I have often wondered what it is about films that I love so much, and what it is that draws me towards particular films. I believe that the kinds of films one seeks out and enjoys is directly related to why one watches films in the first place. In other words, for some watching films has everything to do with lighthearted, end-of-the-day escapism. For others it may be a kind of testosterone drug fix. And for others it might be some kind of romantic battery re-charging. And, of course, for most of us it is a combination of many reasons. But I have to say that over and over I find myself seeking certain kinds of films and certain kinds of films experiences. Much of the time these experiences, at least the ones that stay with me long after the immediate viewing is over, are what I might call earthily transcendent, or sublime. Another way of saying it might be the more one digs into the realities of life, death, love, and suffering, the more one keeps coming up against mystery. This mystery is not a Gnostic sort of knowledge only for a select few, only for those with the “secret knowledge,” rather the mystery is there for everyone to experience and contemplate; it is fundamentally human.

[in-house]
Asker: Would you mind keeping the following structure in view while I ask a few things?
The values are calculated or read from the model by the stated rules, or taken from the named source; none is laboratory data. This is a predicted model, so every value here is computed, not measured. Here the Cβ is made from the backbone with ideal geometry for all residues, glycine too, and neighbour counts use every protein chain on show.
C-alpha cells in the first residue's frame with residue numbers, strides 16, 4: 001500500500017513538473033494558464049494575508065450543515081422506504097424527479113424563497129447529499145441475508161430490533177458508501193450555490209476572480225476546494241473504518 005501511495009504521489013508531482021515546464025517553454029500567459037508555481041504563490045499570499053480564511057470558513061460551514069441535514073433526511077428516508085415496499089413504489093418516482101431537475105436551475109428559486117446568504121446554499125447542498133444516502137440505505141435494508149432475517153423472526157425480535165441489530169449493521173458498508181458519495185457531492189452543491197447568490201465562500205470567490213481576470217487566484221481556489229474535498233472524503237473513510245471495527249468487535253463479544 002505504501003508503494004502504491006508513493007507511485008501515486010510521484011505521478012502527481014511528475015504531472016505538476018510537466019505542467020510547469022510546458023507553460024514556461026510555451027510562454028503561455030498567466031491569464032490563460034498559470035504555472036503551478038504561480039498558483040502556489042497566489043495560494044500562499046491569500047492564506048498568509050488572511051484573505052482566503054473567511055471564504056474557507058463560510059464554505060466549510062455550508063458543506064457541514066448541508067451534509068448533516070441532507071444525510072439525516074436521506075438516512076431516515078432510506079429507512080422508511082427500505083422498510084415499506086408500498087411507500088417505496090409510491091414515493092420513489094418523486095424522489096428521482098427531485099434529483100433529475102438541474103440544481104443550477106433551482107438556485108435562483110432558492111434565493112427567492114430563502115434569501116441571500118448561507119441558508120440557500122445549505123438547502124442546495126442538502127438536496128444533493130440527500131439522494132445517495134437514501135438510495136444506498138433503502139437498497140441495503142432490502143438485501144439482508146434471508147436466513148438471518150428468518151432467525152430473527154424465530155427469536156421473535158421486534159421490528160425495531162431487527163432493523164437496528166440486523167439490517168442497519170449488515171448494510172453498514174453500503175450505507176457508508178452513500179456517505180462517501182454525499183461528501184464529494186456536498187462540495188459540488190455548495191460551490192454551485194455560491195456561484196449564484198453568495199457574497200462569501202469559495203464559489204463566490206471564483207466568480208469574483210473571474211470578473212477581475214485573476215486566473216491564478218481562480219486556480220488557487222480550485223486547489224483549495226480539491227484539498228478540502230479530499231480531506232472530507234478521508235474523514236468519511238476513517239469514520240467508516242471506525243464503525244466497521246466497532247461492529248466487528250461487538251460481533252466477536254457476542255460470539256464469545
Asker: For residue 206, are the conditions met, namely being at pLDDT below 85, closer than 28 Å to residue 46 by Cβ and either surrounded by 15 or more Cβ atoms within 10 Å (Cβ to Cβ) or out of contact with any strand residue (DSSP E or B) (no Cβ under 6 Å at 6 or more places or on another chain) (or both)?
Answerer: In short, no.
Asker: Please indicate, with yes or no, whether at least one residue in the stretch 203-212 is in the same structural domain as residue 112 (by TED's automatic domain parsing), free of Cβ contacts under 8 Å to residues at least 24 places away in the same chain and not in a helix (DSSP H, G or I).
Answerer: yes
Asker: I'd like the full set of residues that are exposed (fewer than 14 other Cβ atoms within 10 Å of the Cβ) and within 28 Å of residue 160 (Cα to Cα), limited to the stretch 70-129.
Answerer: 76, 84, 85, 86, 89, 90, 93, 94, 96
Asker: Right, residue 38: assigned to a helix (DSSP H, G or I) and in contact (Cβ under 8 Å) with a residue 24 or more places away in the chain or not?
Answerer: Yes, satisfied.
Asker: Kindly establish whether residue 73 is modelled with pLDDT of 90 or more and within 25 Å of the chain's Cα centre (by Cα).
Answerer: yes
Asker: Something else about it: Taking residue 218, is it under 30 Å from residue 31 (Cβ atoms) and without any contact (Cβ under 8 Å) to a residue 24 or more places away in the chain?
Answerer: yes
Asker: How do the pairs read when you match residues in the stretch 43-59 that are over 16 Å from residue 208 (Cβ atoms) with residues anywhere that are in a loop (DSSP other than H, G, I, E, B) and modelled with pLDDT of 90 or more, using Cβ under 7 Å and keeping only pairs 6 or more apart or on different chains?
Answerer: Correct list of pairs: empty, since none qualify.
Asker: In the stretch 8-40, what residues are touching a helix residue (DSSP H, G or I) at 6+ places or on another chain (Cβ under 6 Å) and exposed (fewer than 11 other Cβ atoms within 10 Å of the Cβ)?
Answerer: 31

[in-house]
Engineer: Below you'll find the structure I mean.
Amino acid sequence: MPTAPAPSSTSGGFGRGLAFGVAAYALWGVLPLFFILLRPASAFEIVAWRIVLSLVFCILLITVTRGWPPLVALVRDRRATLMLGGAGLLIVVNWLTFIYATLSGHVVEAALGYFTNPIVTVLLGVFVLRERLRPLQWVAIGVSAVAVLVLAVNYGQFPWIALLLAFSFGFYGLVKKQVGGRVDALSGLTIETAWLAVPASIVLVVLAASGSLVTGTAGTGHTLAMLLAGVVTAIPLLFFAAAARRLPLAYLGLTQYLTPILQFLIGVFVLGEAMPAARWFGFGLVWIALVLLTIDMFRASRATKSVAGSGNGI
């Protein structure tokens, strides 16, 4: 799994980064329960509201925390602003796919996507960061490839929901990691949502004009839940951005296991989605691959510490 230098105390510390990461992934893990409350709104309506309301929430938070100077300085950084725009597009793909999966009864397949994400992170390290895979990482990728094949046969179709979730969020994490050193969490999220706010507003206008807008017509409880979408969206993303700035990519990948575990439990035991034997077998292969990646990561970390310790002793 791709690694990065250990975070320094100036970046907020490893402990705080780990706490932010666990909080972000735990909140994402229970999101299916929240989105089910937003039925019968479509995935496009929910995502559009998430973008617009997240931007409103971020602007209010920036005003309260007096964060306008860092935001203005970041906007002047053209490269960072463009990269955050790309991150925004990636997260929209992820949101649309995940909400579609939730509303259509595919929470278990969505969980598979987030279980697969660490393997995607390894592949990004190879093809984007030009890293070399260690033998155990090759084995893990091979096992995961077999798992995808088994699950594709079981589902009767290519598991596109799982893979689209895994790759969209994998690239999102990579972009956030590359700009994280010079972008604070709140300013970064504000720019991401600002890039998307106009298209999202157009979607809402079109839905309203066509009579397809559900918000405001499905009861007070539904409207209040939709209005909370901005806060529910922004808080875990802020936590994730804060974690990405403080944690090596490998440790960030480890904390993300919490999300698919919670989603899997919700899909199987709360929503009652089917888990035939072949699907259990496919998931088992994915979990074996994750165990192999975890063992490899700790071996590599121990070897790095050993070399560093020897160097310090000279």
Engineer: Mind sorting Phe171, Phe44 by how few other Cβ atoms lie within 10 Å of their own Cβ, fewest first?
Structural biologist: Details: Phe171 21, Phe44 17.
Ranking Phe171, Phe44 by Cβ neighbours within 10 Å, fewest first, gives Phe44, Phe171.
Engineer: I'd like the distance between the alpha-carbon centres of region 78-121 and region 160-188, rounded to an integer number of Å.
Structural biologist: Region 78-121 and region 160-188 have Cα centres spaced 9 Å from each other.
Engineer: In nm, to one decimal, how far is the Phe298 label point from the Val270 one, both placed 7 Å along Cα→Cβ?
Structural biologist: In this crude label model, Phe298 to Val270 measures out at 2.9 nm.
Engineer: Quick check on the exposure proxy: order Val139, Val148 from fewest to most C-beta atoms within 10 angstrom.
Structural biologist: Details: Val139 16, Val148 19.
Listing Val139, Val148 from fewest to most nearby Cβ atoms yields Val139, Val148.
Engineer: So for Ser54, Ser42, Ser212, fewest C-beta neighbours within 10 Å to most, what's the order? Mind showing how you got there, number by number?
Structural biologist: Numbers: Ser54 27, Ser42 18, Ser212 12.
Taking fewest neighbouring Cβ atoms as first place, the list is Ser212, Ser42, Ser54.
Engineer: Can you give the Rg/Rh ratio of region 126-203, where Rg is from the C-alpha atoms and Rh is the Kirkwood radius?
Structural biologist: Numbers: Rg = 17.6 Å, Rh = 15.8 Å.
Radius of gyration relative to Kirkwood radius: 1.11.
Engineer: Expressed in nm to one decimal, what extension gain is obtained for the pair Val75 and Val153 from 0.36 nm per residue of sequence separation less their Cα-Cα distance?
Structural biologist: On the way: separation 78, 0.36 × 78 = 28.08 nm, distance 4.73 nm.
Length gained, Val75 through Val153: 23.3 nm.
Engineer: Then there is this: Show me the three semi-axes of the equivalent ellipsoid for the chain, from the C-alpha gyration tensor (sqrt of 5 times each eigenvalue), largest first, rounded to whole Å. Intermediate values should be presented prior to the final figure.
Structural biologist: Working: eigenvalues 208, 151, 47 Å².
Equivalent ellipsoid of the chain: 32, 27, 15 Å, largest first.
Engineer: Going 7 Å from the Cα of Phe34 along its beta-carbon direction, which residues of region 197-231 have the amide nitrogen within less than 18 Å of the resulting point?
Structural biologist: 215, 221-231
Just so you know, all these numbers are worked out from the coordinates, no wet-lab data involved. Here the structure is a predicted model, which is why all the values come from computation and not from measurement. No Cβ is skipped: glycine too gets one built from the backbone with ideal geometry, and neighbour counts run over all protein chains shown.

Some might say this mystery is the experience of getting a kind of translucent glimpse of the hand of God creating everything, including us, moment by moment. Others might say it is the place where the limits of reason and emotion converge at a kind of metaphysical precipice. Or it could be the place where one has the feeling of overshooting one’s rationality only to discover rationality is a bigger thing than one previously imagined. And maybe, finally, the goal is about arriving where one started and knowing that place as though for the first time.